How can students "raise their hand in class" in a synchronous Zoom class? Especially a large class?

All participants in Zoom (except the host) have the capability to raise their hand. To see this, the instructor must open the participant panel. You can also use the gallery view to see all of the students (up to 49 participants per page) and ask students to turn on their video and wave when they want to speak.

How do I manage the chat and instruct at the same time?

Answers to this question and others about Zoom can be found on our Zoom: Set-up, Security and Solutions page.

How do I use breakout rooms (effectively) in Zoom?

A response to this question and others about Zoom can be found on our Zoom: Set-up, Security and Solutions page.

How do I use Zoom to teach my class?

A response to this question and others about Zoom can be found on our Zoom: Set-up, Security and Solutions page.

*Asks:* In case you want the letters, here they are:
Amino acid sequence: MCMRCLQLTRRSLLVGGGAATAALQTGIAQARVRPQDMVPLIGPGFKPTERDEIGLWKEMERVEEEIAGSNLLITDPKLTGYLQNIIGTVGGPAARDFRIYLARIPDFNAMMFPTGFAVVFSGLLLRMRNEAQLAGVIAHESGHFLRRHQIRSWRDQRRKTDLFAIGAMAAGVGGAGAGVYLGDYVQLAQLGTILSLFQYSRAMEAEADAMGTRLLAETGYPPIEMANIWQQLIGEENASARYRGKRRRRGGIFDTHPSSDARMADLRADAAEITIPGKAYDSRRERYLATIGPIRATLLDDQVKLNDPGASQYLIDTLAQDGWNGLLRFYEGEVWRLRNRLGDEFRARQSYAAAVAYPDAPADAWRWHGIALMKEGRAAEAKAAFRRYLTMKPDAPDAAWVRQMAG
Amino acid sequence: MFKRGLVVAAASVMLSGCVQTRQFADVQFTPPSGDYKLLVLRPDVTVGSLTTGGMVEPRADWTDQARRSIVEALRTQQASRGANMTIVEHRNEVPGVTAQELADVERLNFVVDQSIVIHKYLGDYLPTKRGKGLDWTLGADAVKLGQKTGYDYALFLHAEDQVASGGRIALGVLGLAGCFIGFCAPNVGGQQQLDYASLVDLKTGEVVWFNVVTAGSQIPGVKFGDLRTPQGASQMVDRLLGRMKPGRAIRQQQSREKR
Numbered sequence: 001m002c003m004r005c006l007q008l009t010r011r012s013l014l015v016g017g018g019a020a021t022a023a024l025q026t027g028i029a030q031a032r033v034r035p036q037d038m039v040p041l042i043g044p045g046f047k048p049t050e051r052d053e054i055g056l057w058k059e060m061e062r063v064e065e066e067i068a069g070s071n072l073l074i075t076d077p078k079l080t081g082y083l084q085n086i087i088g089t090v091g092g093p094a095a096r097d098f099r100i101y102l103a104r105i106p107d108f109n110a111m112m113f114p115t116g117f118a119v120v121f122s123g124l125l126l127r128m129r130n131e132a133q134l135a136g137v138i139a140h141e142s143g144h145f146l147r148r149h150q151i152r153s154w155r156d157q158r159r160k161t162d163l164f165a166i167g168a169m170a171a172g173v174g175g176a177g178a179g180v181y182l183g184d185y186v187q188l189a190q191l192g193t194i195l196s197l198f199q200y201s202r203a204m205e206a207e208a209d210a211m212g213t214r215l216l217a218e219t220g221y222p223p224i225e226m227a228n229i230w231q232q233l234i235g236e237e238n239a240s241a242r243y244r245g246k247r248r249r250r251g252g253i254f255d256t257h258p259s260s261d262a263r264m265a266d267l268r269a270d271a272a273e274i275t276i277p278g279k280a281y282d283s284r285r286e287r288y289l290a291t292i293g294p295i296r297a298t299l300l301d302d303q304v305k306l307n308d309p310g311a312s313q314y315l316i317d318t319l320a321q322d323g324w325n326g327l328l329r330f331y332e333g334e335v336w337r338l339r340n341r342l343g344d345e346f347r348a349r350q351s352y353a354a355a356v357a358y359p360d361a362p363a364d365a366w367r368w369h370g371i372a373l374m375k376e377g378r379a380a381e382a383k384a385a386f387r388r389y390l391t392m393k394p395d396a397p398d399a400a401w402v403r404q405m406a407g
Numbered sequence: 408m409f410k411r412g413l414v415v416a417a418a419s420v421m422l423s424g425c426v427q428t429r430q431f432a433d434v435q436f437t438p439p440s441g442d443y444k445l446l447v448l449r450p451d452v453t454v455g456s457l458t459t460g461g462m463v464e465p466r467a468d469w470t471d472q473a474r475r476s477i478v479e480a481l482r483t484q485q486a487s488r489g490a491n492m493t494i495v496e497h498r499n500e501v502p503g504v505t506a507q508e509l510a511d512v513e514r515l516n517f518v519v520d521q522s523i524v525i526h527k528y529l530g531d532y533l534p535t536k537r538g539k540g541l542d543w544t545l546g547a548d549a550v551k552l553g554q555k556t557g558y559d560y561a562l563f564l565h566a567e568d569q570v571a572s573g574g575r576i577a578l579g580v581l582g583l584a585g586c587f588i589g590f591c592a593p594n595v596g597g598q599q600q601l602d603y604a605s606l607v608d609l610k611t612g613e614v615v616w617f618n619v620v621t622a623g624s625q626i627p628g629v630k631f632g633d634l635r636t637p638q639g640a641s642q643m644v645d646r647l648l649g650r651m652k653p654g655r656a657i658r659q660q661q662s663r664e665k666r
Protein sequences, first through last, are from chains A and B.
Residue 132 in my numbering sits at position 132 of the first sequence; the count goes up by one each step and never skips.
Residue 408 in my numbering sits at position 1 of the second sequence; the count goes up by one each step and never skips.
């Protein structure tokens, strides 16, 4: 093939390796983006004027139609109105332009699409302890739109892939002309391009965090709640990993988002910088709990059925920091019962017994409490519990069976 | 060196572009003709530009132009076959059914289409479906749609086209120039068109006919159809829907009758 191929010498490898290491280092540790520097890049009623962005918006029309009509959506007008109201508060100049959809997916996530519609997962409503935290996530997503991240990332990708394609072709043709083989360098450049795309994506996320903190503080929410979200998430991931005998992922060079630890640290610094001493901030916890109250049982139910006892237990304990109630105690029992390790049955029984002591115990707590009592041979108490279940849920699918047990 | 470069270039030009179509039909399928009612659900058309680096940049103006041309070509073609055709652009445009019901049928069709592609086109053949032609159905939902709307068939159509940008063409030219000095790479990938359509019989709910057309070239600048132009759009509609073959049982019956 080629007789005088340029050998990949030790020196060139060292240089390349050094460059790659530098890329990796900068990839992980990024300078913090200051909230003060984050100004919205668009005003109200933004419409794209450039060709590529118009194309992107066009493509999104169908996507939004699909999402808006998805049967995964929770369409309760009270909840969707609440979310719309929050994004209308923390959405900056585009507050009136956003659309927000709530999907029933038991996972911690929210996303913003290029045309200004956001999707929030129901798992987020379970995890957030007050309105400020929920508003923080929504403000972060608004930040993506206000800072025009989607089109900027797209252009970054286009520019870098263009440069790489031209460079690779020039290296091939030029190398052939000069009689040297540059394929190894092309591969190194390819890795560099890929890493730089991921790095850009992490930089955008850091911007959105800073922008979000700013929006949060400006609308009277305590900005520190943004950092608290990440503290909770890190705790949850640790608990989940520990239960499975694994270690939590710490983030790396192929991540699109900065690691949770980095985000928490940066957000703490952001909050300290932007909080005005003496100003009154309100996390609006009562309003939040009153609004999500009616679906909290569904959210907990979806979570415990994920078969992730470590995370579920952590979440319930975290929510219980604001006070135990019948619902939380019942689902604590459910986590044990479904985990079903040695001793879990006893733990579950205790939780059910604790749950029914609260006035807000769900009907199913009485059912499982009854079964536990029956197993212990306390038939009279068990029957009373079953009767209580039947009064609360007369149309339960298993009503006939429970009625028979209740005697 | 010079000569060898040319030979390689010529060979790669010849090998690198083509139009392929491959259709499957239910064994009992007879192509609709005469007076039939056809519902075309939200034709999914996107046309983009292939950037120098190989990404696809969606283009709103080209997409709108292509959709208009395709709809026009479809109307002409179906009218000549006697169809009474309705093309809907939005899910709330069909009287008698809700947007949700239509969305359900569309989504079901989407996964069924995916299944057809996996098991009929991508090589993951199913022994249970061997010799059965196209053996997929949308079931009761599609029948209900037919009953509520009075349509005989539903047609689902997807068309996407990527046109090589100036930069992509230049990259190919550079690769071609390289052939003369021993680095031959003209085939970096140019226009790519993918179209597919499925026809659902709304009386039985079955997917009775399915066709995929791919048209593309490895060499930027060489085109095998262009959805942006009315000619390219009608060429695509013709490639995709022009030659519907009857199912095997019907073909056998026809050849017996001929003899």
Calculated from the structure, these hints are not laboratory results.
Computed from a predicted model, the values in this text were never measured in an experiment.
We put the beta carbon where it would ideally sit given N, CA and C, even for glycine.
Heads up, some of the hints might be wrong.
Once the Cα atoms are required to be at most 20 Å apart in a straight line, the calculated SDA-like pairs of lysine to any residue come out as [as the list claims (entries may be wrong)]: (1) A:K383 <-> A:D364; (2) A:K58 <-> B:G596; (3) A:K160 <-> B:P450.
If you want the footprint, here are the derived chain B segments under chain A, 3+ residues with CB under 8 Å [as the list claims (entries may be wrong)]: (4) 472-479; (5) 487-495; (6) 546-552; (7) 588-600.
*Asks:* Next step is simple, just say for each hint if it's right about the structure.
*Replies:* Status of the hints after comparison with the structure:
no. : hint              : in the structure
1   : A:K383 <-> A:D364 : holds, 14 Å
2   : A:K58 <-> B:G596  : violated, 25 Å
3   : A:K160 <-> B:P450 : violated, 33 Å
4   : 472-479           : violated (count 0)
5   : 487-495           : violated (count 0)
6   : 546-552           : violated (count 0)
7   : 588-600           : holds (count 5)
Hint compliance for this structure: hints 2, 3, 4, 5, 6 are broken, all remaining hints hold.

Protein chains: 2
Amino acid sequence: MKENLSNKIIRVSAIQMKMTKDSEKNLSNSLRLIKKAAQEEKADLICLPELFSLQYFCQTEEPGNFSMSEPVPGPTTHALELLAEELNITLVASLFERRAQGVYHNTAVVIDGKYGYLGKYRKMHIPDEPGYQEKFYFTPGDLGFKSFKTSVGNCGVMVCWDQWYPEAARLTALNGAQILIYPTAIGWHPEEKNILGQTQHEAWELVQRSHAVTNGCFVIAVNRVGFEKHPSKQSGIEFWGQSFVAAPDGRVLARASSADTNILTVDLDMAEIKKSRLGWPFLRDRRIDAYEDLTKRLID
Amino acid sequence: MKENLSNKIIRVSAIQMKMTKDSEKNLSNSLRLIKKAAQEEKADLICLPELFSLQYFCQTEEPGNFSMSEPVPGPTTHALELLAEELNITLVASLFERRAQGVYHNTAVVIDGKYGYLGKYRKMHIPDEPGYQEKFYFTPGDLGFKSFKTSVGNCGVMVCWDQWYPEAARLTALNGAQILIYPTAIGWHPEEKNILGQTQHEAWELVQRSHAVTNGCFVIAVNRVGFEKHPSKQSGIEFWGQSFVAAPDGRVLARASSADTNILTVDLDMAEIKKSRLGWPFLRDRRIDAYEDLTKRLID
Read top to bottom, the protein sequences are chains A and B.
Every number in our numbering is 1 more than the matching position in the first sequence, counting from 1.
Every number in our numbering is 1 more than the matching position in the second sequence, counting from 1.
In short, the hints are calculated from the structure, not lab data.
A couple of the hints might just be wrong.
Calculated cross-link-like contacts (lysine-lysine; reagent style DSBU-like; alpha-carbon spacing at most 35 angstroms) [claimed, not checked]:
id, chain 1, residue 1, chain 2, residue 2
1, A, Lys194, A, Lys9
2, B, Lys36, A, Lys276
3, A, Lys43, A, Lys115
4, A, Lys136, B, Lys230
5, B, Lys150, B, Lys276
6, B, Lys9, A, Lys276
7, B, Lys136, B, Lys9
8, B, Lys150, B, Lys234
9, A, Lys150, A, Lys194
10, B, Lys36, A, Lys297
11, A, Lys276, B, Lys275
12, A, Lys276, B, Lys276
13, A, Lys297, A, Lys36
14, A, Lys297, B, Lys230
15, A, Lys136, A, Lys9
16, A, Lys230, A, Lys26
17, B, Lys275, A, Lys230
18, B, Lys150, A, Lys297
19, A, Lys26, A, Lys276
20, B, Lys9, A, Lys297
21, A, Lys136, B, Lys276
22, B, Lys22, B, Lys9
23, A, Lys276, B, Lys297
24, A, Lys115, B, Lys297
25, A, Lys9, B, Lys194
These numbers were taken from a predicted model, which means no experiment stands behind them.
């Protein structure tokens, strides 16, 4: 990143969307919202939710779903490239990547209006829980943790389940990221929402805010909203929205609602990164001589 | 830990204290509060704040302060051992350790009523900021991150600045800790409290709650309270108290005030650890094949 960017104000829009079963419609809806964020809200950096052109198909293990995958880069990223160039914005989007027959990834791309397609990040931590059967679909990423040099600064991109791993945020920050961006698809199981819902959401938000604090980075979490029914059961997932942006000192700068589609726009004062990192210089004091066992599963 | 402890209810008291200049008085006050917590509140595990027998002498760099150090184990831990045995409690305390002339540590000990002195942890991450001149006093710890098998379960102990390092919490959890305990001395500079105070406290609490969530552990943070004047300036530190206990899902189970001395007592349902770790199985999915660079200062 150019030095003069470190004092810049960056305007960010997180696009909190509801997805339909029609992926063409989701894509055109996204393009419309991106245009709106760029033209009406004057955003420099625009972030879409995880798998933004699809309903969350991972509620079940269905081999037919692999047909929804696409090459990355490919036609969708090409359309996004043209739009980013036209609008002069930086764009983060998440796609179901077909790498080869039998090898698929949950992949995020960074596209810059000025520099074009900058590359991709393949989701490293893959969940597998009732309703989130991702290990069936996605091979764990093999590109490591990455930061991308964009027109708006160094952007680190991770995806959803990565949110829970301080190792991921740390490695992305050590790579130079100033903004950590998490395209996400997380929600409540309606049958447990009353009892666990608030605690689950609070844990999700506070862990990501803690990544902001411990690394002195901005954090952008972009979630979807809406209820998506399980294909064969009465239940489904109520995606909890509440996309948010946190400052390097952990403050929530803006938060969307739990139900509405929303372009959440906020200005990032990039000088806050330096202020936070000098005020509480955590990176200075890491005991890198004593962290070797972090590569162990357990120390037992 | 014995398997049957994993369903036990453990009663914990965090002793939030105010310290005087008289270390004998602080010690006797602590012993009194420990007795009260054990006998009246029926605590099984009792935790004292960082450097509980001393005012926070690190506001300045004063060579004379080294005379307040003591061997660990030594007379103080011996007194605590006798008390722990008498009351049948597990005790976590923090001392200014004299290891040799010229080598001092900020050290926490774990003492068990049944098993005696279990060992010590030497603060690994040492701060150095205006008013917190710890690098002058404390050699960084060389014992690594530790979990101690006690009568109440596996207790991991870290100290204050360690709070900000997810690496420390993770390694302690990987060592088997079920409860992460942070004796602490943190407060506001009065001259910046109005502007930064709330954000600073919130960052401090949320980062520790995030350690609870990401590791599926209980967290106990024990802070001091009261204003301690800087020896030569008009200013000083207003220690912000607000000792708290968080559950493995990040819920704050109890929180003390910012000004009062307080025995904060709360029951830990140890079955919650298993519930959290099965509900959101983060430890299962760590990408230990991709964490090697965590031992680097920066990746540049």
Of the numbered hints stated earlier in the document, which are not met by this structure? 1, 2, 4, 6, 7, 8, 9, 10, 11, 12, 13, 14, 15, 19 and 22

Is there a way to provide students with a set of discussion questions they can use while in breakout rooms without having them download files?

The instructor could have the discussion questions in a Google document and share this link with students in the Zoom or Google Meet chat. Using a Google document is ideal because it can be edited during the synchronous session but there is no need to send new files to students.

Questions could also be posted on eClass prior to the synchronous session.

Is Zoom secure? How can I make sure my Zoom is secure?

Answers to this question and more about Zoom can be found on our Zoom: Set-up, Security and Solutions page.

Should students be required to have their cameras on during a synchronous class?

There is evidence that video-enabled discussions are more effective at helping create social and teaching presence when compared with text-based discussion platforms (Clark et al., 2015). Synchronous video web-conference in online discussions may create higher levels of cognitive presence than asynchronous discussions (Molnar & Kearney, 2017). You can learn more on how you and your students can establish a better remote presence on our Engaging and Managing Your Class page, under the section titled "How to Create a Remote Teaching and Learning Community."